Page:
“That can be a little confusing for teachers, so it’s important that we continue to educate,” Boglio said.
Dollin set out to educate the second group of parents in the next family orientation meeting, helping teens and adults who are newly diagnosed.
On one side of the room, a couple from Minnesota sat with their 23-year-old son. They came to Phoenix to learn about programs supporting adult autism and independent living. In the orientation, they found out about SARRC’s First Place Transitional Academy, which helps adults with autism learn life skills and career training in a college environment.
On the other side, a mother and her teenage daughter admit they are in the dark about programs that could support the struggling 16-year-old.
“What’s an IEP?” the girl asked Dollin.
Dollin went onto explain it stands for Individualized Education Plan.
“It means that regardless of what your challenges are, once you are medically diagnosed with autism, you are entitled to a free and appropriate public education (FAPE),” Dollin said.
Buzz words like IEP, FAPE and DDD (Division of Developmentally Disabled) roll out of the mouths of experienced parents in the room. For the families just learning about autism and their legal rights, it can be overwhelming.
Kirwan, having raised a son with autism who is now 27 years old, knows the challenges parents are facing if they don’t get a proper diagnosis early and apply for DDD designation.
She winced when parents tell her, “Well he’s not going to get any services, he’s too high functioning. I’m not going to apply.”
She said it becomes a lot more difficult down the road, “because if you are not in the system prior to age 18, with a qualifying diagnosis, it’s almost an act of God to get them to qualify.”
Another experienced parent groaned as Dollin informed the group many therapies and services provided for a child with autism no longer continues under the same government services once they legally become an adult.
The most important takeaway from the family orientation is for parents to become their own best advocate and know state and federal laws they learn.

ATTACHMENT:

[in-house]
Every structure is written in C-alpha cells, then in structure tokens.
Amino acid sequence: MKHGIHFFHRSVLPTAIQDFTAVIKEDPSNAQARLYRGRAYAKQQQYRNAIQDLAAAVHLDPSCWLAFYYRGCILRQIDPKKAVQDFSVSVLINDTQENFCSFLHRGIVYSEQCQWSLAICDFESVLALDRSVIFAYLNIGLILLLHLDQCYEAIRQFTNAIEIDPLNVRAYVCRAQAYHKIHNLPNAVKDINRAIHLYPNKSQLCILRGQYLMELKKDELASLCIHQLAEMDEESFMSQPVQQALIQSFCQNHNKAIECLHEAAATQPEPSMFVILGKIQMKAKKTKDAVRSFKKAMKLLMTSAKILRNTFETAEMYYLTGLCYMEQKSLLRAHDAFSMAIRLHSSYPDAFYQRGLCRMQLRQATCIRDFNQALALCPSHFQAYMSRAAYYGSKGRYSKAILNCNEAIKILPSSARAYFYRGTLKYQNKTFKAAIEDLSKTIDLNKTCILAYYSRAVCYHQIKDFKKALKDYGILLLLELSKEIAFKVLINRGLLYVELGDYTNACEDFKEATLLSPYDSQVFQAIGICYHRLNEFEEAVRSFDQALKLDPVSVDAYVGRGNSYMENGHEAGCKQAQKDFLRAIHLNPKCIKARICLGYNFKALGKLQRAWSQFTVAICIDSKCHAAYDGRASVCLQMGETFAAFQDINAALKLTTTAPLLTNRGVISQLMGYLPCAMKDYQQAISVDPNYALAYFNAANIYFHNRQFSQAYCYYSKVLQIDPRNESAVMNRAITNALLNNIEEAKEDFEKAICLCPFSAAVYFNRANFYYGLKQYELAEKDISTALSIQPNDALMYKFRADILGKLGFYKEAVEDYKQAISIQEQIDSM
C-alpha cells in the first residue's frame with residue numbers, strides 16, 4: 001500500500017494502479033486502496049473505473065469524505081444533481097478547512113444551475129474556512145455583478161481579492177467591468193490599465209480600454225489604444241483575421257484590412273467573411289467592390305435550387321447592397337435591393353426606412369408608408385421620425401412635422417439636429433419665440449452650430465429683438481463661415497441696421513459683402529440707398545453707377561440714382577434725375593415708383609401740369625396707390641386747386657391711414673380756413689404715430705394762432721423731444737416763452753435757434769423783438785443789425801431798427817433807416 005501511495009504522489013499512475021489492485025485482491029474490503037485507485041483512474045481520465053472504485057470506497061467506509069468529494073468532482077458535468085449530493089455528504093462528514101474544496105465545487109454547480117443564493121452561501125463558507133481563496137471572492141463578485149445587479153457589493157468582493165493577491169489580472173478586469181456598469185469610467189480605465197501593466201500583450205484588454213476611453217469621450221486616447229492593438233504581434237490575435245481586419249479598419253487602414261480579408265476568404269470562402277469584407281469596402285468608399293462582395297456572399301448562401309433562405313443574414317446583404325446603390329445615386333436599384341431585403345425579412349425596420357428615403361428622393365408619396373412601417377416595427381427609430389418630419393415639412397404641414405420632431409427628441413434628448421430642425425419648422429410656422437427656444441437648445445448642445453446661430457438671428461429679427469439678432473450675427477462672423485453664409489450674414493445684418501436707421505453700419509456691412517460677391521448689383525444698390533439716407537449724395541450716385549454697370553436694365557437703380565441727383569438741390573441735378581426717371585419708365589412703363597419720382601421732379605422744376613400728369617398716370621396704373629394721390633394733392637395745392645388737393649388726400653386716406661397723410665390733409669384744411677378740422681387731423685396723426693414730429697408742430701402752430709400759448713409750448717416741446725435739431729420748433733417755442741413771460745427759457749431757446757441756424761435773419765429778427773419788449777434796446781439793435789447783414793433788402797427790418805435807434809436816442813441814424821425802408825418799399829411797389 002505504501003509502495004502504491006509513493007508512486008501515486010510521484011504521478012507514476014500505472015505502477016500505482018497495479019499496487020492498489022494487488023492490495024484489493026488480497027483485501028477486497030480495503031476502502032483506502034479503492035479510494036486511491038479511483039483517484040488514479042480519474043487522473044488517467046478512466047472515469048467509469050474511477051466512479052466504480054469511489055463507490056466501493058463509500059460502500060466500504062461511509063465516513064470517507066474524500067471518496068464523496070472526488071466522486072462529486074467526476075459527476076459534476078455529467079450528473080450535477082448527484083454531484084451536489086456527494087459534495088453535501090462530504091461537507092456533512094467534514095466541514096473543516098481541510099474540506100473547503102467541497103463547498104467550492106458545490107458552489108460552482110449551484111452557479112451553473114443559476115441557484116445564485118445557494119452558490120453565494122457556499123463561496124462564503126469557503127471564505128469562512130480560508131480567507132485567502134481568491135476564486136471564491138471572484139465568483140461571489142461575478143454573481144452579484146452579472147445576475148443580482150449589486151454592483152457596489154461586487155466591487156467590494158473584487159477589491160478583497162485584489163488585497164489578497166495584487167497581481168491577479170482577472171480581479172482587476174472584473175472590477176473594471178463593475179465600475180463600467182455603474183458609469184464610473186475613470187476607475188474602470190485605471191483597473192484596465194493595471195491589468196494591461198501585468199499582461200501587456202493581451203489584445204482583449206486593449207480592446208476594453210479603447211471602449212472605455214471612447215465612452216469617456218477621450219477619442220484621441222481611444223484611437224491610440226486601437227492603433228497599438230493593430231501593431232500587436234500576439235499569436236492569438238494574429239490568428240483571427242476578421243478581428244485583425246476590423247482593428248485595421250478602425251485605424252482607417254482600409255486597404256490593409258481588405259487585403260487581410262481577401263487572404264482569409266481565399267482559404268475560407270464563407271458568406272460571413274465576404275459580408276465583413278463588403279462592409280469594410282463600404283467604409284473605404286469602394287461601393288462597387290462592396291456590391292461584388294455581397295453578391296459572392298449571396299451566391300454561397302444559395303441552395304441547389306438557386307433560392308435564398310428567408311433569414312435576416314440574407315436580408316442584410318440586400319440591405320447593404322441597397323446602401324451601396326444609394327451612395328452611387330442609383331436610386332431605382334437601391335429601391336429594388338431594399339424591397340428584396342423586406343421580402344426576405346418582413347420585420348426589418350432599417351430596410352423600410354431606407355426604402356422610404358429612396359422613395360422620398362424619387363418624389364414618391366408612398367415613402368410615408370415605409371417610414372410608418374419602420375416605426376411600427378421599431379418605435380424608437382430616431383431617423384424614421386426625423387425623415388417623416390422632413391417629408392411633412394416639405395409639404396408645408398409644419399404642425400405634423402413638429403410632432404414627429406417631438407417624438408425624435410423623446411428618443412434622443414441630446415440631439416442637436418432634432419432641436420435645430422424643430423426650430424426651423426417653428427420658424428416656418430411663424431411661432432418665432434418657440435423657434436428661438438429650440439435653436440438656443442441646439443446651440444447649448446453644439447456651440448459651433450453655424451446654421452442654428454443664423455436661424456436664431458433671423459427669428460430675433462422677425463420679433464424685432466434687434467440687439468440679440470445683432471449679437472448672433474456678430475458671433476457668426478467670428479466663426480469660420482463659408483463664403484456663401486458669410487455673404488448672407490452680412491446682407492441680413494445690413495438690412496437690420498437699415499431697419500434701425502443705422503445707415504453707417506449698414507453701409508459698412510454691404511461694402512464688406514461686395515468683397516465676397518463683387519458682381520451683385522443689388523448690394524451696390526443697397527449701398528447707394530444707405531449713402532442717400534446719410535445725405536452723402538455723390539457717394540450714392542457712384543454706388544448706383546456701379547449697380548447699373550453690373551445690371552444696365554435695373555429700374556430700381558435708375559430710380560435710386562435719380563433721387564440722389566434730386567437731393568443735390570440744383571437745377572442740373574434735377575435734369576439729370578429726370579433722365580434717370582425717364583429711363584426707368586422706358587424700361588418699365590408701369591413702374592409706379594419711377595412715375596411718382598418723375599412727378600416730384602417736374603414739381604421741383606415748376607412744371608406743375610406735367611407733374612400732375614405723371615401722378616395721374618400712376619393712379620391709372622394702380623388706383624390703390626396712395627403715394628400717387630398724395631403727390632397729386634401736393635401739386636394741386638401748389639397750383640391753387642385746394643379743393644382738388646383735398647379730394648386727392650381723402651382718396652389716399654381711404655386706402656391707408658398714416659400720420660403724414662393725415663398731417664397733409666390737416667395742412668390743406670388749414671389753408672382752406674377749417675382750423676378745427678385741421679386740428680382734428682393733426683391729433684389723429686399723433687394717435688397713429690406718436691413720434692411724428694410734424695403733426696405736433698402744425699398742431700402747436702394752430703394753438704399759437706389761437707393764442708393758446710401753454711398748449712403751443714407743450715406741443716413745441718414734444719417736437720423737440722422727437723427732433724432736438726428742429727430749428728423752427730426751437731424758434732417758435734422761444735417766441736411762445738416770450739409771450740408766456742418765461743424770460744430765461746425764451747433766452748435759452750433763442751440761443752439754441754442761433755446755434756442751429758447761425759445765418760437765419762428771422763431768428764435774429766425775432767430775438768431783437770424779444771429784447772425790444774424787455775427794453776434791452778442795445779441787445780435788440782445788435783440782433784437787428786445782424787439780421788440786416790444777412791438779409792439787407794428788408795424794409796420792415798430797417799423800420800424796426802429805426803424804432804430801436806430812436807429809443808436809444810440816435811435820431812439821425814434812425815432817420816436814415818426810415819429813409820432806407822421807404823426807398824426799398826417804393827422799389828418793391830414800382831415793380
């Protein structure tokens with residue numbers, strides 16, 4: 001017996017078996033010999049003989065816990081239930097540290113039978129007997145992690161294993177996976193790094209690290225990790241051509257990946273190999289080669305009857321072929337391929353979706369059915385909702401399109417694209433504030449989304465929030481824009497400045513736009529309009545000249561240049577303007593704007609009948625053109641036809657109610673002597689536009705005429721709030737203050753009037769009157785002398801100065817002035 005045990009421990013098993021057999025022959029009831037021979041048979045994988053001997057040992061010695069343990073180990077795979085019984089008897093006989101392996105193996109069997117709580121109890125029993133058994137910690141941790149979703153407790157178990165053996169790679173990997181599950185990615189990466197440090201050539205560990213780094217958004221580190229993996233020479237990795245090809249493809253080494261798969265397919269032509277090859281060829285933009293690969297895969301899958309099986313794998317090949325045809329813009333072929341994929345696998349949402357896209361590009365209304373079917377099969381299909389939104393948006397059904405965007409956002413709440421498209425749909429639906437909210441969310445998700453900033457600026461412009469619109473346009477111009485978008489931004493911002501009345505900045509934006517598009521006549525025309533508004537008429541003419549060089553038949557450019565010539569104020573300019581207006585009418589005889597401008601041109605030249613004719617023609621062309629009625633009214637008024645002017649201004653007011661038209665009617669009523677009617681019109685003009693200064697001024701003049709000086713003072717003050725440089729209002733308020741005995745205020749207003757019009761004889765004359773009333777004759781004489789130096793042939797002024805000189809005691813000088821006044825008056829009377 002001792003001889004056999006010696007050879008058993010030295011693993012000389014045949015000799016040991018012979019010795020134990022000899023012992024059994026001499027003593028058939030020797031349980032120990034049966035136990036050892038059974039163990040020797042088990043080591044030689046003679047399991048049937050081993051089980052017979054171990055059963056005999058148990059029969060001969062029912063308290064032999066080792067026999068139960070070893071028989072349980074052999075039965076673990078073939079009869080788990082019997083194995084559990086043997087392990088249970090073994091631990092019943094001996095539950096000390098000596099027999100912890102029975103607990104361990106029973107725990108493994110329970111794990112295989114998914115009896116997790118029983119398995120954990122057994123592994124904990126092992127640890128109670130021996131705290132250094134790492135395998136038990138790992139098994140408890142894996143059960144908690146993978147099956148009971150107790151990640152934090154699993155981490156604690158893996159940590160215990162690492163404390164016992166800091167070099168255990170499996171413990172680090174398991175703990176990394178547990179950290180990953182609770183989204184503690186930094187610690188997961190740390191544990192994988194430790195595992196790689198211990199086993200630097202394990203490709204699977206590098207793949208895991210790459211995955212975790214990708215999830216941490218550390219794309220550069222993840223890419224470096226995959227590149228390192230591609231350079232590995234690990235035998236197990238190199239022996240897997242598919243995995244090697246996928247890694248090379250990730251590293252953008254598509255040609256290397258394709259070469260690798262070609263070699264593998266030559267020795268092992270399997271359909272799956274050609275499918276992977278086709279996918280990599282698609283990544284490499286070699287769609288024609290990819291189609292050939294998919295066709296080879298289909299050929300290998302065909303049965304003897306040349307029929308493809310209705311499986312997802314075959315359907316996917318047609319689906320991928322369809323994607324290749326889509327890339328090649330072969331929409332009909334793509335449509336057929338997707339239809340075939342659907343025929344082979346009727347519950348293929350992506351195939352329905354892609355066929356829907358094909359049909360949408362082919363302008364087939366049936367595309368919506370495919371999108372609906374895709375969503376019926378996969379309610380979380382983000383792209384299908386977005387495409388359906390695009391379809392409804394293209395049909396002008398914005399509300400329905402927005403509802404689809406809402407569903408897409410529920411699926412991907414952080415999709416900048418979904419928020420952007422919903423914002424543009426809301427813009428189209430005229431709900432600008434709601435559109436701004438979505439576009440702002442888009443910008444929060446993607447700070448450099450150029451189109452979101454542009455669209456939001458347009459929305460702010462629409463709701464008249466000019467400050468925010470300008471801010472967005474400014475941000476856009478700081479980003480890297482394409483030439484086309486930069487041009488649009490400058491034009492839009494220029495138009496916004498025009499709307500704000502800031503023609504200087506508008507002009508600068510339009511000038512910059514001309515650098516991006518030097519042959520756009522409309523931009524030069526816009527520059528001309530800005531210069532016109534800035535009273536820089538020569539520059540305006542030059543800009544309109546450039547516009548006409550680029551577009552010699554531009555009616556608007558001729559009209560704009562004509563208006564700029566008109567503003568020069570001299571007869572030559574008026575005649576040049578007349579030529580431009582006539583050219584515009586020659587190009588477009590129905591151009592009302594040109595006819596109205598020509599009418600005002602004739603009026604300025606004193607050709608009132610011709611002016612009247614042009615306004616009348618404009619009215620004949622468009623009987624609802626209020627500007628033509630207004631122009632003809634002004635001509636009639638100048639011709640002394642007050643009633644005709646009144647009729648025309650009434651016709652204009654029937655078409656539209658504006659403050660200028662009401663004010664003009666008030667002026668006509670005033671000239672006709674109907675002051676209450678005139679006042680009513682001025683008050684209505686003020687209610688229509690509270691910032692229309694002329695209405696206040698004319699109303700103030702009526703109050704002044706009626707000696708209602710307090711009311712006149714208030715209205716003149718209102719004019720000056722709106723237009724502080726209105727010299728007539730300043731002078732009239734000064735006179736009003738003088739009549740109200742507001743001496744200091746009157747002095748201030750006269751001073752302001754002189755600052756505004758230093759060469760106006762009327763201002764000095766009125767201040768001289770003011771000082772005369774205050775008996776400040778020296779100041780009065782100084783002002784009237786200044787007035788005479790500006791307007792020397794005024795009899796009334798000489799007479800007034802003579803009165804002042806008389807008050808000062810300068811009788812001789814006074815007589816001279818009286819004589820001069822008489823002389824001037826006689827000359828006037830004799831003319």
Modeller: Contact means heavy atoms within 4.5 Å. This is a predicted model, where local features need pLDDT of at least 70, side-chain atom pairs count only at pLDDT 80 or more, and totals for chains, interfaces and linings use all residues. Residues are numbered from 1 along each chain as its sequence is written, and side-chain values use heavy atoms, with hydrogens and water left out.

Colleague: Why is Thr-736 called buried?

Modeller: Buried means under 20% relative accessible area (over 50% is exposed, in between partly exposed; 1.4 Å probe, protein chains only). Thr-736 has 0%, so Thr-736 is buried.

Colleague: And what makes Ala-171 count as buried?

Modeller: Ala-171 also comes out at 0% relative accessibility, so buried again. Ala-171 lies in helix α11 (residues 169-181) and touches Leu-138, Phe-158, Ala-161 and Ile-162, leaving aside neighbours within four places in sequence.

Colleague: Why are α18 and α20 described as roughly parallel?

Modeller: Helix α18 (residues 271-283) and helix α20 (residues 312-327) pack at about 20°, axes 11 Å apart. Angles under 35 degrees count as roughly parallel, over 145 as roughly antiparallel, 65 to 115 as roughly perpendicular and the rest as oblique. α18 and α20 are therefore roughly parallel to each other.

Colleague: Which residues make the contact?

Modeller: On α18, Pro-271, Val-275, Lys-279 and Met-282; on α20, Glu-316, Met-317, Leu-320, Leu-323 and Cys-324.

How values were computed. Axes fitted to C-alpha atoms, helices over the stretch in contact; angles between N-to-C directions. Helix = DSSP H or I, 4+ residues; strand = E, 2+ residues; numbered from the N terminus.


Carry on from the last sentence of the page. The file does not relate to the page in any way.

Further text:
Another acronym that bounced around the room was IDEA.
Kirwan told the parents to “go to a training on the Individuals with Disabilities Education Act.”
Raising Special Kids, the Arizona Department of Education and the Arizona Center for Disability Law all offer free trainings on the IDEA.
Before the family orientation was over, Dollin armed parents with a 62-page booklet from the Autism Speaks website entitled, “100 Day Kit for Parents of Newly Diagnosed Families of School Age Children.” It contains a comprehensive glossary of terms, steps to take toward a child’s education plan, healthcare resources and methods for tracking development.
For parents who have a child diagnosed with ADD, or at any time in their life exhibited autism or Asperger’s type behavior, Boglio told parents to “reach out to your pediatrician, teacher, to SARRC, to find out if your child might be (still) dealing with autism.”
“You never know what’s ahead with autism,” said Kirwan, who added some people see behavioral changes from childhood through puberty and into adult life. “What wasn’t obvious when he was an 8-year-old … may change with hormones when he’s a teenager.”
For help identifying whether your child has autism or Asperger’s, begin with an online screening tool at SARRC’s website.